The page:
CWA: Employers Should Guarantee ‘$4,000 Wage Increase’ Promised by Trump Tax Plan

From NH Labor News

The Communications Workers of America wants to make sure that the nation’s biggest employers actually give working families the average $4,000 wage increases that the Trump administration says will result from cutting the corporate tax rate.

Urging CEOs to “cut through the rhetoric,” CWA President Chris Shelton said that if the cuts proposed in the “Tax Cuts and Jobs Act” go into effect, corporations should guarantee that working people will receive the raises the administration promised and ensure that the bill’s treatment of overseas profits will not result in domestic job loss.

Yesterday, Shelton sent individual letters to CEOs of some of the largest corporations where CWA members work including Verizon, AT&T, CenturyLink, Frontier Communications, American Airlines, General Electric, NBC Universal and ABC Entertainment asking them to sign a memorandum of agreement as part of the current contracts with CWA now in force. “Together, through collective bargaining, we can ensure promises about wages and jobs are kept,” Shelton wrote.

President Trump and his economic advisers have been very clear that working families will receive these wage increases. Speaking in Pennsylvania in October, President Trump said the tax cuts “would likely give the typical American household around a $4,000 pay raise.”


Trump’s claim appears to come from a Council of Economic Advisors report that states, “Reducing the statutory federal corporate tax rate from 35 to 20 percent would…increase average household income in the United States by, very conservatively, $4,000 annually. The increases recur each year, and the estimated total value of corporate tax reform for the average U.S. household is therefore substantially higher than $4,000,” as much as $9,000.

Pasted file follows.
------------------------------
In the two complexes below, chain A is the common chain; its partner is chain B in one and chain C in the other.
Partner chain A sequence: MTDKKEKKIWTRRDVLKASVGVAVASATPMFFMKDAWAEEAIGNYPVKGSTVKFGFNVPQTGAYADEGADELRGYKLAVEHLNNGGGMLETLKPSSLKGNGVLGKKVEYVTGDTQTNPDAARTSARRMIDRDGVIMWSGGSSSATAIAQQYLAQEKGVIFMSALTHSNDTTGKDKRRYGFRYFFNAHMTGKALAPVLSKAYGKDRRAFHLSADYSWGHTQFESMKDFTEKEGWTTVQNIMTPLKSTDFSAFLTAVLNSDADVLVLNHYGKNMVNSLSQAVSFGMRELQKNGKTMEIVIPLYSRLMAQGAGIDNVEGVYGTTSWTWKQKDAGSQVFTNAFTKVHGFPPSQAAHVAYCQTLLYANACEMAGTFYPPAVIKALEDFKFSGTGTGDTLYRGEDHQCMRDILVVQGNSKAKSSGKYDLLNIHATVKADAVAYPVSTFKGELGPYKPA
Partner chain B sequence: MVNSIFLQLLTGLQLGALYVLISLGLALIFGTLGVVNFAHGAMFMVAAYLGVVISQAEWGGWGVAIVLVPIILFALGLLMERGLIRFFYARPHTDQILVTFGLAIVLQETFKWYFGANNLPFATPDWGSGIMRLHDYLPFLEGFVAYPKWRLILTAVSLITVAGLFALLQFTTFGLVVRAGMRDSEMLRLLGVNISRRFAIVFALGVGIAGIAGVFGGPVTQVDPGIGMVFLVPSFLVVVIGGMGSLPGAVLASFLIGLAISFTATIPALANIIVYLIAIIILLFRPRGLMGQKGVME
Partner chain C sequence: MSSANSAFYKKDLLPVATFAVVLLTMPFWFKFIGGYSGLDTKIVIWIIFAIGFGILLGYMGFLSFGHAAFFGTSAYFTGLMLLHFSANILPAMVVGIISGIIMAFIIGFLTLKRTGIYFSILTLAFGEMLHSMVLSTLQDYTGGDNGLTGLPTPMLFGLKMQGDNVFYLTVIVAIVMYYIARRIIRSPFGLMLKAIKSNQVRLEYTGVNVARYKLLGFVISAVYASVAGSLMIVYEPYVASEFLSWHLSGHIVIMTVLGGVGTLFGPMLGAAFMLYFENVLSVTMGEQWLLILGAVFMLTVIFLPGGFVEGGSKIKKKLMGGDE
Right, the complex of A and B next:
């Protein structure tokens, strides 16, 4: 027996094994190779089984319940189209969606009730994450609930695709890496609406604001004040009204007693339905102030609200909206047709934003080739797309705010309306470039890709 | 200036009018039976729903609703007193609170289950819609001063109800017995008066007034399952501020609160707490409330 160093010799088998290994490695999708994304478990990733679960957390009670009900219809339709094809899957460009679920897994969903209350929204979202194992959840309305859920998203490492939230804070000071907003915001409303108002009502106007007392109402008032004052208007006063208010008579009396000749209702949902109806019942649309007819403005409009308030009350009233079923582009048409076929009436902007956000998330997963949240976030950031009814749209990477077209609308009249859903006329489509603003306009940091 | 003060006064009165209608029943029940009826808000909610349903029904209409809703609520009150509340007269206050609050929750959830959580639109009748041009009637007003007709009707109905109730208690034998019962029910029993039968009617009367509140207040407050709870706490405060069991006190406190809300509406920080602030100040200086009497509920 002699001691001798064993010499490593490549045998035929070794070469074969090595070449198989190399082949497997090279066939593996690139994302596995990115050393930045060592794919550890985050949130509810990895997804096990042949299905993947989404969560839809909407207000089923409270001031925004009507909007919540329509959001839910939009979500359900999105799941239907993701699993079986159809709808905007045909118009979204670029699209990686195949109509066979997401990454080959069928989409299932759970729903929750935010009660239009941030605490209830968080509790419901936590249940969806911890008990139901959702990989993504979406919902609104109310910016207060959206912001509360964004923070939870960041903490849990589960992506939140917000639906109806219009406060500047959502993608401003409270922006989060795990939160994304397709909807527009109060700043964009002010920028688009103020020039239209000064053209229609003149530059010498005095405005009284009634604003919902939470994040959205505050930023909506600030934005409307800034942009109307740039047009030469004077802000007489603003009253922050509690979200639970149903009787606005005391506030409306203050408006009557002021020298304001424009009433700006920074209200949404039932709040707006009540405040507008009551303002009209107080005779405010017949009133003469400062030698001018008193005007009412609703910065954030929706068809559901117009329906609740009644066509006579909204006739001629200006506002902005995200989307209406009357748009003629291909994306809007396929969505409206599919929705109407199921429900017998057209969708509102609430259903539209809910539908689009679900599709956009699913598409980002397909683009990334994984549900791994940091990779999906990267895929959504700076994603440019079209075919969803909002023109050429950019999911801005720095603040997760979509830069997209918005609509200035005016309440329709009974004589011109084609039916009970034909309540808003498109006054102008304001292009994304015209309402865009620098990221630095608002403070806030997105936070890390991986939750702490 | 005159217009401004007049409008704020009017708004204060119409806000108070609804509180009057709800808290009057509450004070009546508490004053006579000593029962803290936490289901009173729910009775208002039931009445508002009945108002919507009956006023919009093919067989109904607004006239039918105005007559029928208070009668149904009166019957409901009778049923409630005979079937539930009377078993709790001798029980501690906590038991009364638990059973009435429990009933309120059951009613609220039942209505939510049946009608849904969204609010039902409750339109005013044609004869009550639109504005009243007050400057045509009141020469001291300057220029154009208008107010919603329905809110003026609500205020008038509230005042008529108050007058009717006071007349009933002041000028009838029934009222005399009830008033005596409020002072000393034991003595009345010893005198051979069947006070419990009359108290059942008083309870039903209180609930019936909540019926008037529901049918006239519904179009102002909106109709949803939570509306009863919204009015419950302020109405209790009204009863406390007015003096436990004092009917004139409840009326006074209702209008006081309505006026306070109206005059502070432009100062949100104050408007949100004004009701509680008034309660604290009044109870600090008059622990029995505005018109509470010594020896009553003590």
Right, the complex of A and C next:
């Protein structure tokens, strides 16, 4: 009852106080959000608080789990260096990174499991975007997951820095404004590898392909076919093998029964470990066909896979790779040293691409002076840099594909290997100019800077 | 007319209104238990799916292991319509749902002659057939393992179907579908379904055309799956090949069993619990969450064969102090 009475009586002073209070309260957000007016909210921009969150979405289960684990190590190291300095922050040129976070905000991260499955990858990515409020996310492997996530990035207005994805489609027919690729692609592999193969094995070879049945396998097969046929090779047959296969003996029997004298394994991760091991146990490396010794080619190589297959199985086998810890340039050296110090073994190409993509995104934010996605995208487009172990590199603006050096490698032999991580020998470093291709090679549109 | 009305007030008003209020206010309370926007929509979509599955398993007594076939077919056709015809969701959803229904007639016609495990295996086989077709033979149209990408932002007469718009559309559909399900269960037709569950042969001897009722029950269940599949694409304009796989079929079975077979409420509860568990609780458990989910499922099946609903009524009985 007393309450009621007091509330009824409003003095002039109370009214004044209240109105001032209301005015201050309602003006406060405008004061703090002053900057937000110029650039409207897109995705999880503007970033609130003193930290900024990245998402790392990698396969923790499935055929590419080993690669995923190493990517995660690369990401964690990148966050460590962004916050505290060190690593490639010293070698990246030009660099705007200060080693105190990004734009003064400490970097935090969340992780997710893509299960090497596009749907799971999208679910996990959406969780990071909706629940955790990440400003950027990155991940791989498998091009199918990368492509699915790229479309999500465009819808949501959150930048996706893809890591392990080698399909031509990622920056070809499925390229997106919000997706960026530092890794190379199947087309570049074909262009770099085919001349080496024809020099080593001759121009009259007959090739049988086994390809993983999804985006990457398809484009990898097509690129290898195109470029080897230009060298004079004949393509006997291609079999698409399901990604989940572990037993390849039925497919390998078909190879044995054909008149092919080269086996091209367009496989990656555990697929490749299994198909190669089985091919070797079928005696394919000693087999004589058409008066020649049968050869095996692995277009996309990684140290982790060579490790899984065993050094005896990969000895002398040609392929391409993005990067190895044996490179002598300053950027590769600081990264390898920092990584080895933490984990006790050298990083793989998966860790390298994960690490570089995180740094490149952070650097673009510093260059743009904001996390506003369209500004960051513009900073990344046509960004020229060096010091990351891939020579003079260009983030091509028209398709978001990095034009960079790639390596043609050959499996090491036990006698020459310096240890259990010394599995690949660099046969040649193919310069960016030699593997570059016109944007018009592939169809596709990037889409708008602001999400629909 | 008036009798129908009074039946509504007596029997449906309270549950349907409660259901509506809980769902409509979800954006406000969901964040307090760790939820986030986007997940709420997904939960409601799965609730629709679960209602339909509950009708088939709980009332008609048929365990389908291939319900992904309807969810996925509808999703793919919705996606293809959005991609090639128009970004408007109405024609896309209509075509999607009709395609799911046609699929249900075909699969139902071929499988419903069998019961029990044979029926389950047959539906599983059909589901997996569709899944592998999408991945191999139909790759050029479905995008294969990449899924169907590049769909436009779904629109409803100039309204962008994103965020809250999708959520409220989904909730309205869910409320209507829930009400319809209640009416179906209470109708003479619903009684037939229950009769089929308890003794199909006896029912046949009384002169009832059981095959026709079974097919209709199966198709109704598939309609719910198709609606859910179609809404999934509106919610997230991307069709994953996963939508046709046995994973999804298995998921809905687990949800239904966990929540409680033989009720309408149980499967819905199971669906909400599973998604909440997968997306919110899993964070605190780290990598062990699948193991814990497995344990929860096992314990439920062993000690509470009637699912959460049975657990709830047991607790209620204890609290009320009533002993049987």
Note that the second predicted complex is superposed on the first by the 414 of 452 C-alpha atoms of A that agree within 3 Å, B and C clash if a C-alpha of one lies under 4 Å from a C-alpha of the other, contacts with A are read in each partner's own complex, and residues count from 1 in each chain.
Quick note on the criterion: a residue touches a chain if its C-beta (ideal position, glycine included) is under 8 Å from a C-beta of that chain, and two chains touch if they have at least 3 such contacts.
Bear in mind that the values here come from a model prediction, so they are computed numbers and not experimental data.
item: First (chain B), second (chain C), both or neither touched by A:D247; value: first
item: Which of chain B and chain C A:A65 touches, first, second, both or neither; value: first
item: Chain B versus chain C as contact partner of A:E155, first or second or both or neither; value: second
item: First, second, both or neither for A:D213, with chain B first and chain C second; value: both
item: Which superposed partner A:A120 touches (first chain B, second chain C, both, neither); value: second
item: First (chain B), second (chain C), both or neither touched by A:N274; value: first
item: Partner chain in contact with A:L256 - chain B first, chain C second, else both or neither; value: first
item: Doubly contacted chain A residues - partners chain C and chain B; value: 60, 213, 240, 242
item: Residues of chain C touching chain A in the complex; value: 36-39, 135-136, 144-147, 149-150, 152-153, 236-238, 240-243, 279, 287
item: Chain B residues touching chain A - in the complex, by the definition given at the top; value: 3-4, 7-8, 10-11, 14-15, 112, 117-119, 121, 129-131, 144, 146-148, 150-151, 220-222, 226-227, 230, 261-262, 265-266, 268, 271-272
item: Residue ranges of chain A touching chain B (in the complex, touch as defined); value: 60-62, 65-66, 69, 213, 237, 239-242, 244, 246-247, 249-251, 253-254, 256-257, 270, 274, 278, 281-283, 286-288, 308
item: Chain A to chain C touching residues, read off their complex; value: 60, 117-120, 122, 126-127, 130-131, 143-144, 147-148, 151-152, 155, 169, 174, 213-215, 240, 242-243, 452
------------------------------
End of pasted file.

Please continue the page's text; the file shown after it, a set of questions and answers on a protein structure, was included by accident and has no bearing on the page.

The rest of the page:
Many economists, however, are skeptical, and predict that corporations will use the money from the tax cuts to buy back stock or issue dividends. That’s why CWA members are asking employers to “show us the money” and to make sure working people receive the wage increases they’ve been promised.

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Reposted from NH Labor News

Posted In: Allied Approaches

Union Matters

The Big Drip

From the USW

From tumbledown bridges to decrepit roads and failing water systems, crumbling infrastructure undermines America’s safety and prosperity. In coming weeks, Union Matters will delve into this neglect and the urgent need for a rebuilding campaign that creates jobs, fuels economic growth and revitalizes communities. 

A rash of water main breaks in West Berkeley, Calif., and neighboring cities last month flooded streets and left at least 300 residents without water. Routine pressure adjustments in response to water demand likely caused more than a dozen pipes, some made of clay and more than 100 years old, to rupture.

West Berkeley’s brittle mains are not unique. Decades of neglect left aging pipes susceptible to breaks in communities across the U.S., wasting two trillion gallons of treated water each year as these systems near collapse.

Comprehensive upgrades to the nation’s crumbling water systems would stanch the flow and ensure all Americans have reliable access to clean water.

Nationwide, water main breaks increased 27 percent between 2012 and 2018, according to a Utah State University study.  

These breaks not only lead to service disruptions  but also flood out roads, topple trees and cause illness when drinking water becomes contaminated with bacteria.

The American Water Works Association estimated it will cost at least $1 trillion over the next 25 years to upgrade and expand water infrastructure.

Some local water utilities raised their rates to pay for system improvements, but that just hurts poor consumers who can’t pay the higher bills.

And while Congress allocates money for loans that utilities can use to fix portions of their deteriorating systems, that’s merely a drop in the bucket—a fraction of what agencies need for lasting improvements.

America can no longer afford a piecemeal approach to a systemic nationwide crisis. A major, sustained federal commitment to fixing aging pipes and treatment plants would create millions of construction-related jobs while ensuring all Americans have safe, affordable drinking water.

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There is Dignity in All Work

There is Dignity in All Work